Ford, DJI sign up for more
Automobile major Ford and drone-maker DJI have joined hands to drive innovation in smart drone-to-vehicle software. They are working towards creating a rapidly deployable surveying system for use by the United Nations in emergency zones. Ford Smart Mobility plans to indulge in developing next level connectivity, mobility and autonomous vehicles for Ford with its drone integration ideas.
In a first move towards this, Ford and DJI have signed up to assist in creating a model that will help them deploy drones in emergency zones identified by the United Nations. Ford is working on utilizing its F-150 to serve as a drone base station to deploy drones for surveillance purposes.
Ford has a patent US9409644B2 related to this technology which describes a vehicle that is led by a drone to an earmarked location. The drone helps identify traffic and road conditions that may exist along a predicted traveling path and assists a vehicle with driving instructions when operating on the autonomous mode.
General Electric has joined the fray of Ford and Renault with its own patent-pending application US20150158513A1 describing an aerial camera system (attached to a drone) that is connected to an autonomous vehicle. This drone flies ahead of the vehicle, collecting information of traffic conditions along the route to be travelled. It generates warning signals of hazards or may automatically control the movement of the vehicle if it turns unresponsive.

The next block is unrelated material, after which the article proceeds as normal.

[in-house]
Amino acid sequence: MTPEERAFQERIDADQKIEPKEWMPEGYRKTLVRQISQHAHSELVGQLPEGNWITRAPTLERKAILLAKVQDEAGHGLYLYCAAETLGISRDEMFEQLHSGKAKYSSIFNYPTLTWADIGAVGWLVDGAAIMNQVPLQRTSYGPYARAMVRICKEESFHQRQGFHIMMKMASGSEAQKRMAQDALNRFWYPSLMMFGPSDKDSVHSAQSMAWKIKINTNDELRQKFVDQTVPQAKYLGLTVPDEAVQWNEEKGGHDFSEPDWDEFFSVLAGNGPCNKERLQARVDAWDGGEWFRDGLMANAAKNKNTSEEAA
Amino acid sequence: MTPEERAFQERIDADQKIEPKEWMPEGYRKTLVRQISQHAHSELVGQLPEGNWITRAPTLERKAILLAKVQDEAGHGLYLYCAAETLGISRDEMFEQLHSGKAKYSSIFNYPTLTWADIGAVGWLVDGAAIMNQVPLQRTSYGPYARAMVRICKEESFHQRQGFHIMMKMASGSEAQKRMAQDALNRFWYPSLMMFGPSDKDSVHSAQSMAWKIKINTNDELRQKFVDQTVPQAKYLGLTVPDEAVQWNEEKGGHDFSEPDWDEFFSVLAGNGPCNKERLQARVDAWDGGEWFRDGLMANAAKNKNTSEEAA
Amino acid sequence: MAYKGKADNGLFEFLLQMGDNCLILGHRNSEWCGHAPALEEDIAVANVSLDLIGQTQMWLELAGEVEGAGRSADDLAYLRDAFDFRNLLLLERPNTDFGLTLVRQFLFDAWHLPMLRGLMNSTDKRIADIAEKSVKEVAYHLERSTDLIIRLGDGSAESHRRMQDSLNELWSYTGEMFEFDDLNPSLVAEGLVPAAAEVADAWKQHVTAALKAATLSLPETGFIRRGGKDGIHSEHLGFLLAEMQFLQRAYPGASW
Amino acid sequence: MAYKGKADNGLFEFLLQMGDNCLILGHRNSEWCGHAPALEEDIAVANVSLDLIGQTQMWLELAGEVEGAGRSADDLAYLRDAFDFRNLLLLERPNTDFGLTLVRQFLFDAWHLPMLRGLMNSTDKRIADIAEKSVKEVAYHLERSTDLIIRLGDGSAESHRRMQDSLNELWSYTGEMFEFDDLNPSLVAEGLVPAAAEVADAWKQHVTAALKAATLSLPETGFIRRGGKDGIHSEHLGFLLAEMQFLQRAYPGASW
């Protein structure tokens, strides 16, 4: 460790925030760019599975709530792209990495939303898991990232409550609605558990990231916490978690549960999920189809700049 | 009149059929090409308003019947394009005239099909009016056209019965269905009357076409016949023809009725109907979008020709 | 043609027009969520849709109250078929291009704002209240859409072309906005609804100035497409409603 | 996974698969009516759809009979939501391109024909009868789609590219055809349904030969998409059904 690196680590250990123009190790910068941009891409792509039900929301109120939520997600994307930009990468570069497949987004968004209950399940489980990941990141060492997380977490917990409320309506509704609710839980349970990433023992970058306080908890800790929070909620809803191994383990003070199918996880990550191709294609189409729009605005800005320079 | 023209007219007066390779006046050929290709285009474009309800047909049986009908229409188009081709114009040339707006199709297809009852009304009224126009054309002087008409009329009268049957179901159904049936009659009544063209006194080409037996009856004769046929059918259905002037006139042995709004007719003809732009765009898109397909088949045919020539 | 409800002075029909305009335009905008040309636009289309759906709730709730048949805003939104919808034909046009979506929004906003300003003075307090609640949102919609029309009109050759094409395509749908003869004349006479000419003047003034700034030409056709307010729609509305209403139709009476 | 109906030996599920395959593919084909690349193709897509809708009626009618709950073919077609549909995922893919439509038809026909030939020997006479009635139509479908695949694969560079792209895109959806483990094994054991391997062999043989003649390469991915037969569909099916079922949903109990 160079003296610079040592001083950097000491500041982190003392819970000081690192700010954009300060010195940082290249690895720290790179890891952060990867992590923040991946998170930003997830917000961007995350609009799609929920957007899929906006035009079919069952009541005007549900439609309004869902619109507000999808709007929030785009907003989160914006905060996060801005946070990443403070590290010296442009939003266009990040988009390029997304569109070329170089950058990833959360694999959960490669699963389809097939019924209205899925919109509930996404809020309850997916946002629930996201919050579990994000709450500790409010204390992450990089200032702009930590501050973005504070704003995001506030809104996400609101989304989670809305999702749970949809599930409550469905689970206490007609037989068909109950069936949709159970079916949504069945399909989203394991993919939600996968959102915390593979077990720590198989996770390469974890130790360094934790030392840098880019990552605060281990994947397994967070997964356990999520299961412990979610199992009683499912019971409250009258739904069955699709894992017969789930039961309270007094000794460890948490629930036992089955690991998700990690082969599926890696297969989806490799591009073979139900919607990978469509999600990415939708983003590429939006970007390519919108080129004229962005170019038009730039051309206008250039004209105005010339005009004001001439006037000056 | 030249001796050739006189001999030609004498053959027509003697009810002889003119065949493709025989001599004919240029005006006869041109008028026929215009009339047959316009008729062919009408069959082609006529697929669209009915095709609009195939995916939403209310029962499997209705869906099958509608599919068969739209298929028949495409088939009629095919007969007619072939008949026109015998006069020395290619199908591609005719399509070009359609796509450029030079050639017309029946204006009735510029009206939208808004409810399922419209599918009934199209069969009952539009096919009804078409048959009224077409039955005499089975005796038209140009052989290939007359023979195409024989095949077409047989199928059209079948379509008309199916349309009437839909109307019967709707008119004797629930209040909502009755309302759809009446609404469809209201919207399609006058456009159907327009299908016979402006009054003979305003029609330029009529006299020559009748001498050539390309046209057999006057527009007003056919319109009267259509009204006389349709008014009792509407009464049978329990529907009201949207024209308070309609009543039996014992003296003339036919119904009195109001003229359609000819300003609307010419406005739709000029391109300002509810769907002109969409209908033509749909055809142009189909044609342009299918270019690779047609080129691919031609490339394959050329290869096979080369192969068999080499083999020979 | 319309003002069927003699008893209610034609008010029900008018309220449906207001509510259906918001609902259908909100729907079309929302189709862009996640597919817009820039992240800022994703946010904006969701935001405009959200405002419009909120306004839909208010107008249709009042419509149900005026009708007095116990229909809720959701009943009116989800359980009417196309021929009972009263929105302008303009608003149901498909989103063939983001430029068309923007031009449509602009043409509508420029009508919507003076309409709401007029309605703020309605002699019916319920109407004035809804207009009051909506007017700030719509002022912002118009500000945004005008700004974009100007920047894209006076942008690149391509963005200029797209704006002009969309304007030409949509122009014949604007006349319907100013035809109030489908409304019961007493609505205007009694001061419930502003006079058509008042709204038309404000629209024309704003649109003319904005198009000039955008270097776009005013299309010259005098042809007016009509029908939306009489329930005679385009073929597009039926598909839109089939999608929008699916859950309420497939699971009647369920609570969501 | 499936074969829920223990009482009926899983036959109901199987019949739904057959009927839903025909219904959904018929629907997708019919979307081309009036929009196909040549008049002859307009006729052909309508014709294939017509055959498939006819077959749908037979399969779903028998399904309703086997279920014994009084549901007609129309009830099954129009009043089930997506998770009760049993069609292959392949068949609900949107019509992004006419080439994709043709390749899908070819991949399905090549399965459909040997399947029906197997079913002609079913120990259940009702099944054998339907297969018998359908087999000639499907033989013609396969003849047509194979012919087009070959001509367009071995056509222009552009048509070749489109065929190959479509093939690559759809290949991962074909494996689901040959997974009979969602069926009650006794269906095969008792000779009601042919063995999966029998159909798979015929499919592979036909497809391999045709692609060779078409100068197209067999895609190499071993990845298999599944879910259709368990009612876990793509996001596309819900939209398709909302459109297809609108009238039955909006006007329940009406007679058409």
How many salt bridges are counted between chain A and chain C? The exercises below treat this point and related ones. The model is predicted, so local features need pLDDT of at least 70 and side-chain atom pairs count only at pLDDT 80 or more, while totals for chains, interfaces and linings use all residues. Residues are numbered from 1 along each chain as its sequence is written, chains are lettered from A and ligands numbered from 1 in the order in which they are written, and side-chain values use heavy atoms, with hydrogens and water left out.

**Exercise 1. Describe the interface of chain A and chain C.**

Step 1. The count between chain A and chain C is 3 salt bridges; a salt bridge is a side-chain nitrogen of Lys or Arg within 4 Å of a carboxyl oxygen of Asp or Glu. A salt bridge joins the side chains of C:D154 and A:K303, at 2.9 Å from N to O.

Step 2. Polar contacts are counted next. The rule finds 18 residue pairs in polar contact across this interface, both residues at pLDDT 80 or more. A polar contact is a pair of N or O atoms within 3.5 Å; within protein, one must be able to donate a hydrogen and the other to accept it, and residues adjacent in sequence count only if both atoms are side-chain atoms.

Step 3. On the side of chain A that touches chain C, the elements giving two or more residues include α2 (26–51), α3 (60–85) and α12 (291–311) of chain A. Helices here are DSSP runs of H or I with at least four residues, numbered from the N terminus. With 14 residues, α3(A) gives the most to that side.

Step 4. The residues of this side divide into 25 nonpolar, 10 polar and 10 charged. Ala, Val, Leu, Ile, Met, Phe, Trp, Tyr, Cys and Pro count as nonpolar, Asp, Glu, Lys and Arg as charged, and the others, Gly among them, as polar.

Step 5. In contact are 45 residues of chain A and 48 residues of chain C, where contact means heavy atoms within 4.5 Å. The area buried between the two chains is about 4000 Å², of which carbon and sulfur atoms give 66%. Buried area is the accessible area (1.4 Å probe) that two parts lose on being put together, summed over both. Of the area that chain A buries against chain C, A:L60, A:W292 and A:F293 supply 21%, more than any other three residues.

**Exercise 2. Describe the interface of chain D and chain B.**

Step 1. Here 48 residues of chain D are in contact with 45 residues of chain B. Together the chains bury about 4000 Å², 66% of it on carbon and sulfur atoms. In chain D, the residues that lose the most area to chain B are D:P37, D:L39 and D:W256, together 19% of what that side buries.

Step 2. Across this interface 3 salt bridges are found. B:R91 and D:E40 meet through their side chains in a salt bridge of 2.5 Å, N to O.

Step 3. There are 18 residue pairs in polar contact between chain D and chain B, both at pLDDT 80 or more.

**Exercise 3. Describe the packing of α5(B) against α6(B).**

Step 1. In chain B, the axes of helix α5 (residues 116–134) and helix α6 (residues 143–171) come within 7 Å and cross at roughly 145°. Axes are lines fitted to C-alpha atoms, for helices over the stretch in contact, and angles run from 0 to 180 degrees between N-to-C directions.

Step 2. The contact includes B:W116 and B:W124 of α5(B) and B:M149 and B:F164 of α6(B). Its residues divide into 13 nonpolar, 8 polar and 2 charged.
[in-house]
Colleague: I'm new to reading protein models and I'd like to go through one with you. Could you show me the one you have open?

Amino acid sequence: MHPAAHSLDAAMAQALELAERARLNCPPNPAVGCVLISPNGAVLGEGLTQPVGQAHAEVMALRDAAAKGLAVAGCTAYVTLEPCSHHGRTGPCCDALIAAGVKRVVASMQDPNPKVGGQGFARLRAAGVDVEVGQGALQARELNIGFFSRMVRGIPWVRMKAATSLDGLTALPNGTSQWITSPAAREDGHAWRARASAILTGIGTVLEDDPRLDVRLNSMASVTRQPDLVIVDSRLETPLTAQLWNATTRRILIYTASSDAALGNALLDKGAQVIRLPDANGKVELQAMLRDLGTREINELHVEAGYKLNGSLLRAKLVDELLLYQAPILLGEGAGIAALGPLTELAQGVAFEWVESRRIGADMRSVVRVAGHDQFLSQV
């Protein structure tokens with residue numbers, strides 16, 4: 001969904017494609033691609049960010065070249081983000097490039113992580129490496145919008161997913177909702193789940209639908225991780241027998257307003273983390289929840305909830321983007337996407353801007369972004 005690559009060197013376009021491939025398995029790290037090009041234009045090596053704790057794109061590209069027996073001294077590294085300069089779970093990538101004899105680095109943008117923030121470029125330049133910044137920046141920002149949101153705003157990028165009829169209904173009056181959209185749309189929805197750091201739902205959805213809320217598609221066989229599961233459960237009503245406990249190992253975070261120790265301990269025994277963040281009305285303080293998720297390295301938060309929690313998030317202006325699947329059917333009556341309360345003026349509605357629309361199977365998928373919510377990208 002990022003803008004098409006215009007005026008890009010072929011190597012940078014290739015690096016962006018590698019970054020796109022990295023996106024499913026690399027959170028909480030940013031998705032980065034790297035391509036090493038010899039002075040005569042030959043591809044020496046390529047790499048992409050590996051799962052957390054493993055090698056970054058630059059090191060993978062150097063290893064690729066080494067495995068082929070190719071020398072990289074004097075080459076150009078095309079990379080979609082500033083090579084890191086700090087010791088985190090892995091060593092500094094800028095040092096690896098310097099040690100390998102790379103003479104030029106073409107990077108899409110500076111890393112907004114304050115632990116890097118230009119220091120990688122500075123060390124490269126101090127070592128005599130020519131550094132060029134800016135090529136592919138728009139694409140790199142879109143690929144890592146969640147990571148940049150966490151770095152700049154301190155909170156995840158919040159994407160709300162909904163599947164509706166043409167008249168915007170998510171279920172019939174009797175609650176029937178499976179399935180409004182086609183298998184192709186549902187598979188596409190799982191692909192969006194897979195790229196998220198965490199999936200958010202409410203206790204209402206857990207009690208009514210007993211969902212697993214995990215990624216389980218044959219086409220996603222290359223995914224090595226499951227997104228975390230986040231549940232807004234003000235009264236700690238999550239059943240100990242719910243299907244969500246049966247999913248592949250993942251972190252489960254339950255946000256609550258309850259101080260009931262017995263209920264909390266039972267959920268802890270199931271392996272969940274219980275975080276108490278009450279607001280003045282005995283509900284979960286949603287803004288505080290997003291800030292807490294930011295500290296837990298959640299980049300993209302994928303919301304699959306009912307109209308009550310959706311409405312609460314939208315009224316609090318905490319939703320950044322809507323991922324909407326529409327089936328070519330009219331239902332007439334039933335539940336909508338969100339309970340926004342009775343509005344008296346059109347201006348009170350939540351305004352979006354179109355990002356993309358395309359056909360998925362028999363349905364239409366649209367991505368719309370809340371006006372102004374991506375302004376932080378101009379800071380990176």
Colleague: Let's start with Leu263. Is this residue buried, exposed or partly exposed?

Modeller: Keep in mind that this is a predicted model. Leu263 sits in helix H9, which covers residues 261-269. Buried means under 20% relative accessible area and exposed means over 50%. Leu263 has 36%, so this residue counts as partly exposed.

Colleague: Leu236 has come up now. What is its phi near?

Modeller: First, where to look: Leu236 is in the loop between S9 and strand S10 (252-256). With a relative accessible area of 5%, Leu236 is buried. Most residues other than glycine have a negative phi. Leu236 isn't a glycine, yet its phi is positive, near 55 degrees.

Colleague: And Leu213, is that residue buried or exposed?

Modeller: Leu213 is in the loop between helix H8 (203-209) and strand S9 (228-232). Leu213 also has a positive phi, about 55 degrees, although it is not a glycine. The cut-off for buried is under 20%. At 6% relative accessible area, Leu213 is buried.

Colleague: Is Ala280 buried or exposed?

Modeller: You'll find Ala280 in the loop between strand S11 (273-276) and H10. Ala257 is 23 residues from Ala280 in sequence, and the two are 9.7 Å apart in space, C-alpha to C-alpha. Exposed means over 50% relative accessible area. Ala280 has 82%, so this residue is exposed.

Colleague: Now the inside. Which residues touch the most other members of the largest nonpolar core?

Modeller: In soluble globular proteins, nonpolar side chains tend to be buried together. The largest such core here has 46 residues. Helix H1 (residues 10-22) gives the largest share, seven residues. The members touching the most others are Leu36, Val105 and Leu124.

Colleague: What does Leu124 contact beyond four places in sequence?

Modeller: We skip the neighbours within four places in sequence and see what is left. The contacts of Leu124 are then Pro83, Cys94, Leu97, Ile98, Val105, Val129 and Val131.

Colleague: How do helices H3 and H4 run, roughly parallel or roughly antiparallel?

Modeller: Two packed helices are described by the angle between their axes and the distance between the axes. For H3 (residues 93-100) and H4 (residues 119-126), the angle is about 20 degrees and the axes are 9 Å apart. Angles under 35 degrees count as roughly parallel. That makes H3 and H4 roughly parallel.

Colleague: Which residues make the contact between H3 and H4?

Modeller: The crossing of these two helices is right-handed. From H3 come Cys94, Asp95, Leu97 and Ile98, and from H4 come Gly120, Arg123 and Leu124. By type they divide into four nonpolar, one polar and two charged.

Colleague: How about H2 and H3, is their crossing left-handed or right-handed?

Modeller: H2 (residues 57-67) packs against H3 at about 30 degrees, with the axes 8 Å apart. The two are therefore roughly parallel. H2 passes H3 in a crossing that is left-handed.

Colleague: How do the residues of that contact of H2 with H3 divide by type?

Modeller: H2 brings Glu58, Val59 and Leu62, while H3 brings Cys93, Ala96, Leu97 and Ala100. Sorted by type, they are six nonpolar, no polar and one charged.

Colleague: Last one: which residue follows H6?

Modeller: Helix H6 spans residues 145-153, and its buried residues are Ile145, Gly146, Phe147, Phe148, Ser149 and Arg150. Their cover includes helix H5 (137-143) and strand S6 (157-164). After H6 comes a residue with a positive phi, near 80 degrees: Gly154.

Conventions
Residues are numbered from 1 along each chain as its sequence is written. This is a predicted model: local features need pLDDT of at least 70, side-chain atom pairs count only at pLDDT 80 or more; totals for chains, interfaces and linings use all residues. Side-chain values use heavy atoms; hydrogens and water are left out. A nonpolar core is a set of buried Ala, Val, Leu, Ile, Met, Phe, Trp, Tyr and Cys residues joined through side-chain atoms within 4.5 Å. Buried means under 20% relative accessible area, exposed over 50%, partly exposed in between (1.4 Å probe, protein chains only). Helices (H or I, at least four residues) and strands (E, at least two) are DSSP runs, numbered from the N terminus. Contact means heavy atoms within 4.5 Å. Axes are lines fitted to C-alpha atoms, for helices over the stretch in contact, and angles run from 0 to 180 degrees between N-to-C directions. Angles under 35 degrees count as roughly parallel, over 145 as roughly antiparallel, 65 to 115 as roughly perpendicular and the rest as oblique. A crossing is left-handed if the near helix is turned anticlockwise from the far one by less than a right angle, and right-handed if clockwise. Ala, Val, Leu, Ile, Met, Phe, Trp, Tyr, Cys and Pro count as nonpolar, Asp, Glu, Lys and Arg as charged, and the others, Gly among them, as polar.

Rinspeed ΣTOS – A self-driving BMW i8
Swiss company Rinspeed is imagining the combination of a driverless car-quadcopter where a drone flies around the vehicle it is attached to, clicking pictures of the vehicle in its surroundings. Rinspeed Σtos is a self-driving BMW i8 in which a drone pad (made of Gorilla glass) is integrated, used for deploying a DJI drone. The drone can be used by the passengers to pick-up ordered goods from the market and click pictures. However, Σtos doesn’t seem to use the drone to assist the vehicle in any manner for now.
Safran & Valeo’s self-driving car systems
Safran is a leading French company that has produced tactical drone systems for over 15 years to aid various military missions. The company has now collaborated with French auto parts maker Valeo to integrate drone software into self-driving vehicle platforms by the end of 2020.
From military missions to agricultural surveillance, construction management to study of the ecology, from logistics support to providing medical aid in emergencies, drones are making their presence and need felt in all spheres. Now, with its marriage into the automobile family, drones are set to create a historic revolution in the way we travel. Litigations have just opened up while the chest of intellectual property in this space is beginning to fill up. With autonomous vehicles being tested and expected to enter the mainstream in the next year or two, drone technology is gearing up for an exciting phase of research and development.